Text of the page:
Eye-popping new costs were revealed for the renovation of the Consumer Financial Protection Bureau headquarters, now putting that government office in the highest luxury class of buildings throughout the country.
Melissa Heist, the associate Inspector General of the Federal Reserve System, reported on July 31 that the CFPB renovation will officially cost taxpayers $285.32 per square foot, a price tag the reserved for only the most luxurious “Class A” commercial office buildings.
It’s the first time any government agency has provided an actual per foot cost for the 300,000 square foot building that sits across the street from the White House.
The CFPB was created by President Obama and congressional Democrats in 2010 primarily to represent poor and working class consumers.
The IG warned that the price could go higher if a new $4.1 million day care center was built and other costs were factored in. If all renovation options were implemented, the final cost could total $207 million.
Still, the IG found the dollar figures “reasonable” based on two unidentified federal buildings selected by the General Services Administration.
Rep. Sean Duffy, R-WI, the chairman of the House Financial Services oversight subcommittee said that spending for $200 million for a building previously assessed at $150 million makes little sense.
“DC may be the only place on Earth where it is considered ‘reasonable’ for a federal bureaucracy to spend over $200 million to renovate a building it doesn’t own — a full $50 million more than the building is worth,” Duffy said. “I doubt that my constituents back home, who are ultimately on the hook for this boondoggle, hold the same view.”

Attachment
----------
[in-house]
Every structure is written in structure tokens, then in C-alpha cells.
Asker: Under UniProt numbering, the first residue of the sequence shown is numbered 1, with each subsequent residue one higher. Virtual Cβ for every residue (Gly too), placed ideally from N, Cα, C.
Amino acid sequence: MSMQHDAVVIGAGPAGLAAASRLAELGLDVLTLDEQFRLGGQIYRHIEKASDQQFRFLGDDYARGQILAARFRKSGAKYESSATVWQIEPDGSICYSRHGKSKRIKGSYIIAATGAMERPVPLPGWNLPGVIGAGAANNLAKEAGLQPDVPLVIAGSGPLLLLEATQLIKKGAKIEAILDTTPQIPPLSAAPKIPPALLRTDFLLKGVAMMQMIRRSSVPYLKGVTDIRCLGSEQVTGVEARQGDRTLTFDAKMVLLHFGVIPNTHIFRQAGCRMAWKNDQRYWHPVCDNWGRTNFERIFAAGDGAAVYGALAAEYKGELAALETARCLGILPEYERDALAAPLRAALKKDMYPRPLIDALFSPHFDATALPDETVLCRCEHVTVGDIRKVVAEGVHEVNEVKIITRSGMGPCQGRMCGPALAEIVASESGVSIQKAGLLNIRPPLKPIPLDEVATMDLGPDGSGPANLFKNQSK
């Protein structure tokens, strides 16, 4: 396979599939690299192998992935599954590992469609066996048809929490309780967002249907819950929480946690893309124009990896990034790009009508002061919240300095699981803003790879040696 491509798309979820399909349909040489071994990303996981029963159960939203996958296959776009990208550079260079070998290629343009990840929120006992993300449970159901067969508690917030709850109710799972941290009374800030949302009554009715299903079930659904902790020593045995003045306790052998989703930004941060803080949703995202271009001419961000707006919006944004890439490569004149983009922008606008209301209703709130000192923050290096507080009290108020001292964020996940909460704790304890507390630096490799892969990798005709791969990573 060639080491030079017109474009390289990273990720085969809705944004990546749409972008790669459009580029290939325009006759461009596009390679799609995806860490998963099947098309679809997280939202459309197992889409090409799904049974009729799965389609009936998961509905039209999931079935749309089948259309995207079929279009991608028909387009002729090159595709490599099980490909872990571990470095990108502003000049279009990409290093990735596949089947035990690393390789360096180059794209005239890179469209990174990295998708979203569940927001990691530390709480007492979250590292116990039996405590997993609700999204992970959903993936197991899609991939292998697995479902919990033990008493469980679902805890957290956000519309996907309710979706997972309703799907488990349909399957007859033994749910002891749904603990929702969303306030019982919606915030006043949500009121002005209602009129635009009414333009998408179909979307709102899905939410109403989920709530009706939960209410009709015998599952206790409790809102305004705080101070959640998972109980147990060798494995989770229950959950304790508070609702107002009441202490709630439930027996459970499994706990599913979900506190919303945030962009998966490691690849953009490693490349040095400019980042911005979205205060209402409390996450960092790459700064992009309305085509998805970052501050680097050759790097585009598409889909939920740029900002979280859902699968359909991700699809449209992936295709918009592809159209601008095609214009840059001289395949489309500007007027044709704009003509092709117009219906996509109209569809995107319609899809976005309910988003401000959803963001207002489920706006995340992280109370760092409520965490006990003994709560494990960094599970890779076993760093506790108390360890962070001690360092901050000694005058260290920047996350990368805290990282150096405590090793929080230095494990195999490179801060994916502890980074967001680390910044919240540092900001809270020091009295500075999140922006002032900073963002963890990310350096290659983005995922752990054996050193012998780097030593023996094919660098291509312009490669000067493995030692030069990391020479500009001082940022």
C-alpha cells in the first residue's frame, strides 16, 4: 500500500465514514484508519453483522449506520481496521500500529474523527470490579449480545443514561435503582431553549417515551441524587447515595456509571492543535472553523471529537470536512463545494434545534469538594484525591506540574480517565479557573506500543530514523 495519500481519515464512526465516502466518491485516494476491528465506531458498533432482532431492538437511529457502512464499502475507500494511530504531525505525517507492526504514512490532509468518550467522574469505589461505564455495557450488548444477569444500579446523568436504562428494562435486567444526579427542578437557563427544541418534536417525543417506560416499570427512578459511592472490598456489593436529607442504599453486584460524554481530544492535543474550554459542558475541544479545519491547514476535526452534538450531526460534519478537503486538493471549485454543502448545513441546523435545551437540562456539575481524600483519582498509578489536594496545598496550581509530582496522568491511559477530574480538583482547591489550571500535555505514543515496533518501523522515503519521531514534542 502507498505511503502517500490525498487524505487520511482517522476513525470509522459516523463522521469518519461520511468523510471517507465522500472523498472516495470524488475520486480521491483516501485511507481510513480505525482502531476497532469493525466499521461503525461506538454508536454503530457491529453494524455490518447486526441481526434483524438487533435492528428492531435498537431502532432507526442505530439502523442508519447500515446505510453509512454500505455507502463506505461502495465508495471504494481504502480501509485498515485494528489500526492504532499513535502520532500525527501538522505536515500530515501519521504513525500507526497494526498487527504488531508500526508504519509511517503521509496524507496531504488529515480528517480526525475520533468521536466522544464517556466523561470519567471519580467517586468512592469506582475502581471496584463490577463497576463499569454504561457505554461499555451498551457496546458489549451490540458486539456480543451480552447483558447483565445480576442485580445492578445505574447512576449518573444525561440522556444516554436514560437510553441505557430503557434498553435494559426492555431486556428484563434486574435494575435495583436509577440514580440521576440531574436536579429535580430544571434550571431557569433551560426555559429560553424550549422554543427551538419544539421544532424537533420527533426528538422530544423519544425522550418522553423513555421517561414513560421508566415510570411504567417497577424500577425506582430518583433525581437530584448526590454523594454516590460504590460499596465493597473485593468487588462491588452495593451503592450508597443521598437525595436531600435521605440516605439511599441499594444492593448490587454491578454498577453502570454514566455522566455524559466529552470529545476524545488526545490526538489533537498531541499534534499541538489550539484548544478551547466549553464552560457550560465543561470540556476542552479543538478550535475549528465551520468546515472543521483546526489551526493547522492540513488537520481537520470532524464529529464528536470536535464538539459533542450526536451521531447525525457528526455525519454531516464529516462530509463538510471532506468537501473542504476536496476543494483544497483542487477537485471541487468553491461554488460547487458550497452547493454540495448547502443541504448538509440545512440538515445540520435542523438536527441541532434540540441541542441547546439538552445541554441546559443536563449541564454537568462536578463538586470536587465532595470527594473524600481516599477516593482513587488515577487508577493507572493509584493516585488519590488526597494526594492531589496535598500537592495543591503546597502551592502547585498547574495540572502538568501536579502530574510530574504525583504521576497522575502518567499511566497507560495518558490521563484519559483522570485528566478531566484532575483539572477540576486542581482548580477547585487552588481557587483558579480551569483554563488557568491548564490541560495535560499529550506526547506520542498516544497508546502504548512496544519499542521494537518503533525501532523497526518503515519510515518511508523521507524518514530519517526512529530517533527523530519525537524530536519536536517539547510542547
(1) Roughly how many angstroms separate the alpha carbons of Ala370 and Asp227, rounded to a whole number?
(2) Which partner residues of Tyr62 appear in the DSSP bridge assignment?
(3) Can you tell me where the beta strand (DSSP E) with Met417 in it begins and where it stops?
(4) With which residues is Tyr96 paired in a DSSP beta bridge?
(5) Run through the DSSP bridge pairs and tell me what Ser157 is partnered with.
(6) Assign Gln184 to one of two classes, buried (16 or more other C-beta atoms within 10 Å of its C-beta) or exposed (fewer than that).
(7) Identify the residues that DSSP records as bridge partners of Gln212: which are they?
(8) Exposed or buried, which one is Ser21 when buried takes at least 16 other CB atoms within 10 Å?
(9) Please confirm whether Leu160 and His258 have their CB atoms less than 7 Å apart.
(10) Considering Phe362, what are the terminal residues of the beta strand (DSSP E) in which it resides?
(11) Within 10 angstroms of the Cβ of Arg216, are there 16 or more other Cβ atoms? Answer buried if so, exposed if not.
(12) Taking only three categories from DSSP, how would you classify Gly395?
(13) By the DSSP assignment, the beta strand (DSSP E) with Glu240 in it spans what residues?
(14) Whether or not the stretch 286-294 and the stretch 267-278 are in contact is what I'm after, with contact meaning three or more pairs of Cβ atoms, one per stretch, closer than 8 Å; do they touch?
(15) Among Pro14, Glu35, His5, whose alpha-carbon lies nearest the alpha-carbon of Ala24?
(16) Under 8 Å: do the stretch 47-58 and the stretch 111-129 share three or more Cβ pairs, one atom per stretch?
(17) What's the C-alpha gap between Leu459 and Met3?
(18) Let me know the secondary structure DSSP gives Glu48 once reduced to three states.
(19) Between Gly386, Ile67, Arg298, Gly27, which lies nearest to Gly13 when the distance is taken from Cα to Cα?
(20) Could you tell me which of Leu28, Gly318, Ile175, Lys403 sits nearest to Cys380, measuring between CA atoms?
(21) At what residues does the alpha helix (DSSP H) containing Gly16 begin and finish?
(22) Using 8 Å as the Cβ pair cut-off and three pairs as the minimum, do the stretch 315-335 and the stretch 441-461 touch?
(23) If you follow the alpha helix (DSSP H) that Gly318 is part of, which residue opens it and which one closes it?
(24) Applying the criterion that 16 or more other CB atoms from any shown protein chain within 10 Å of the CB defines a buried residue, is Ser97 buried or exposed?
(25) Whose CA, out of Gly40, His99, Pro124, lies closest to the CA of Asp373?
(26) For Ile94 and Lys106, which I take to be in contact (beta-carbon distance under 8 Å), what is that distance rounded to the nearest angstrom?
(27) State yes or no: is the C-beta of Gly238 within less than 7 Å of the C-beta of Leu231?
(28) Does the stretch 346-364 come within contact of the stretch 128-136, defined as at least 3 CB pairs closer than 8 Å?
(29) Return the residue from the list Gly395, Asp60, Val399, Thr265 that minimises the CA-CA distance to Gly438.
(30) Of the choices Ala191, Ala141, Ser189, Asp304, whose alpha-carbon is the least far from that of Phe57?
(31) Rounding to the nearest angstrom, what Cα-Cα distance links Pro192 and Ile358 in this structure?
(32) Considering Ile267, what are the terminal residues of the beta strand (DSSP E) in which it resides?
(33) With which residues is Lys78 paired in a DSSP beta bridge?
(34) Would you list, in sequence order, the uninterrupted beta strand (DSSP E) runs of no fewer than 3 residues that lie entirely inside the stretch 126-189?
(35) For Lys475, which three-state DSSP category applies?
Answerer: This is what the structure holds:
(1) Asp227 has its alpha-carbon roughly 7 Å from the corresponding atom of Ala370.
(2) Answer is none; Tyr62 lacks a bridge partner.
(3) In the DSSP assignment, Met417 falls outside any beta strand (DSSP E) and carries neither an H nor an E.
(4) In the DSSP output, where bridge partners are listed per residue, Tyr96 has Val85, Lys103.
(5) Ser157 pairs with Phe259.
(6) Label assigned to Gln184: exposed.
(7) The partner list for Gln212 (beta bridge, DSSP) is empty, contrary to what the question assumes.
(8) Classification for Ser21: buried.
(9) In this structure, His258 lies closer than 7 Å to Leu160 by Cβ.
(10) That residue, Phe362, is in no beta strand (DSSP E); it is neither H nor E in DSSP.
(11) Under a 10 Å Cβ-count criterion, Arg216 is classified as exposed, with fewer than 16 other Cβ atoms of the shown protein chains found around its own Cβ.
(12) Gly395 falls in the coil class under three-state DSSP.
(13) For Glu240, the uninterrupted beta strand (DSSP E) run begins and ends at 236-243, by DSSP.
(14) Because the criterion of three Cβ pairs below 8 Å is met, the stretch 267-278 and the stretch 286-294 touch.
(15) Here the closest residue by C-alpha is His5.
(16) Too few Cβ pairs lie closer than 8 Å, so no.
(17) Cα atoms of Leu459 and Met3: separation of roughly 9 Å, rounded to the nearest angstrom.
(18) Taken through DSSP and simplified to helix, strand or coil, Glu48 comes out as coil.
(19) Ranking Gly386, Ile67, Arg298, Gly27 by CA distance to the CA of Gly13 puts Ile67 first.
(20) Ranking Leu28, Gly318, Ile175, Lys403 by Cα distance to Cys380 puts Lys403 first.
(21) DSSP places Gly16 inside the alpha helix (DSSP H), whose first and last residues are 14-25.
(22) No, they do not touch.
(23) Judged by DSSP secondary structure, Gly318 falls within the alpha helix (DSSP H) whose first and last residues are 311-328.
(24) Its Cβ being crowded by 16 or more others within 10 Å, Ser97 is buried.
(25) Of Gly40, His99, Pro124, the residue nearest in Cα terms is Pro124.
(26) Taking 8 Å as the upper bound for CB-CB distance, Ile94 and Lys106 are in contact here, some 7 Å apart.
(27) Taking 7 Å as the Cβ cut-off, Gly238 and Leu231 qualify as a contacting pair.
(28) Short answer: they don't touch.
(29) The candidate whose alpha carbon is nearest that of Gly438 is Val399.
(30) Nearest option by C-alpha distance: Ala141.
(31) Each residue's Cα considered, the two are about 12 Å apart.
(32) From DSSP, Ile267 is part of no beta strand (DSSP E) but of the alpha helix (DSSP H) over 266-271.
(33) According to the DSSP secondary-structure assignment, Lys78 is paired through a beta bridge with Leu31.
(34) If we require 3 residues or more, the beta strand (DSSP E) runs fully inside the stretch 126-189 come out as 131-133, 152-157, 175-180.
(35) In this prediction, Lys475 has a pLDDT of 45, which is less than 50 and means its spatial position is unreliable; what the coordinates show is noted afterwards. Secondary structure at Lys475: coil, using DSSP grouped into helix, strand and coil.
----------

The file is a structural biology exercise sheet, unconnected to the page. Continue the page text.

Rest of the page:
Charlie Schwieger, a real estate economist for CoStar Portfolio Strategy, a part of the nation’s leading real estate research firm, said he was astonished by the price tag.
“That’s a lot,” he told the Daily Caller News Foundation in an interview. “As you’re getting closer to 300 bucks a foot, that’s really high end finishes.”
“That’s a core ‘Class A’ building, core being the ‘nicest of the nice,'” he said.
CoStar officially defines a “Class A” building as “the highest quality/expensive finish and trim, (with) abundant amenities.”
Richard Groh, an architect of 35 years who owns an architectural firm in Minneappolis, told TheDCNF he agreed with Schwieger.
“It’s not a typical office space,” he told TheDCNF. “It’s probably two-to-three times the cost of typical office space.”
Groh said that the CFPB building could exceed a Class A category and could possibly enter the rarified world of so-called “trophy” buildings.
“I’m not sure what the definition of Class A or trophy would be. Common sense would tell me you’re in the right ballpark for that,” he said.
Clark Manus, CEO of Manus Heller and a past president of the American Institute of Architects, said the $285 per foot figure was a “decent number.”
“When you’re investing that kind of money, you’re basically looking for Class A tenancy,” he said.
To design its headquarters, CFPB retained the Chicago-based firm of Skidmore, Owens & Merrill. The IG said CFPB has paid Skidmore $12 million to date.
Skidmore is a legendary architectural firm that counts among its buildings the famed John Hancock Building and the Sears Tower.
More recently, it was the designer of luxurious buildings throughout the world, including Dubai’s Burj Khalifa, the world’s tallest building, the Haj Terminal in Jeddah, Saudi Arabia, and the Bank of Beijing.
In a July 2014 report, the IG charged that CFPB’s original renovation cost estimates were not based on a “sound basis” because it had not prepared any cost analysis or competing plans to its own Investment Review Board, which must review all major capital expenditures.
In its latest report, the IG added that the bureau had yet to give its latest figures to the IRB and recommended that it do so.
“The IRB should review and approve these investments to provide the CFPB with assurance that these investments are sound business decisions,” Heist said in her latest report.
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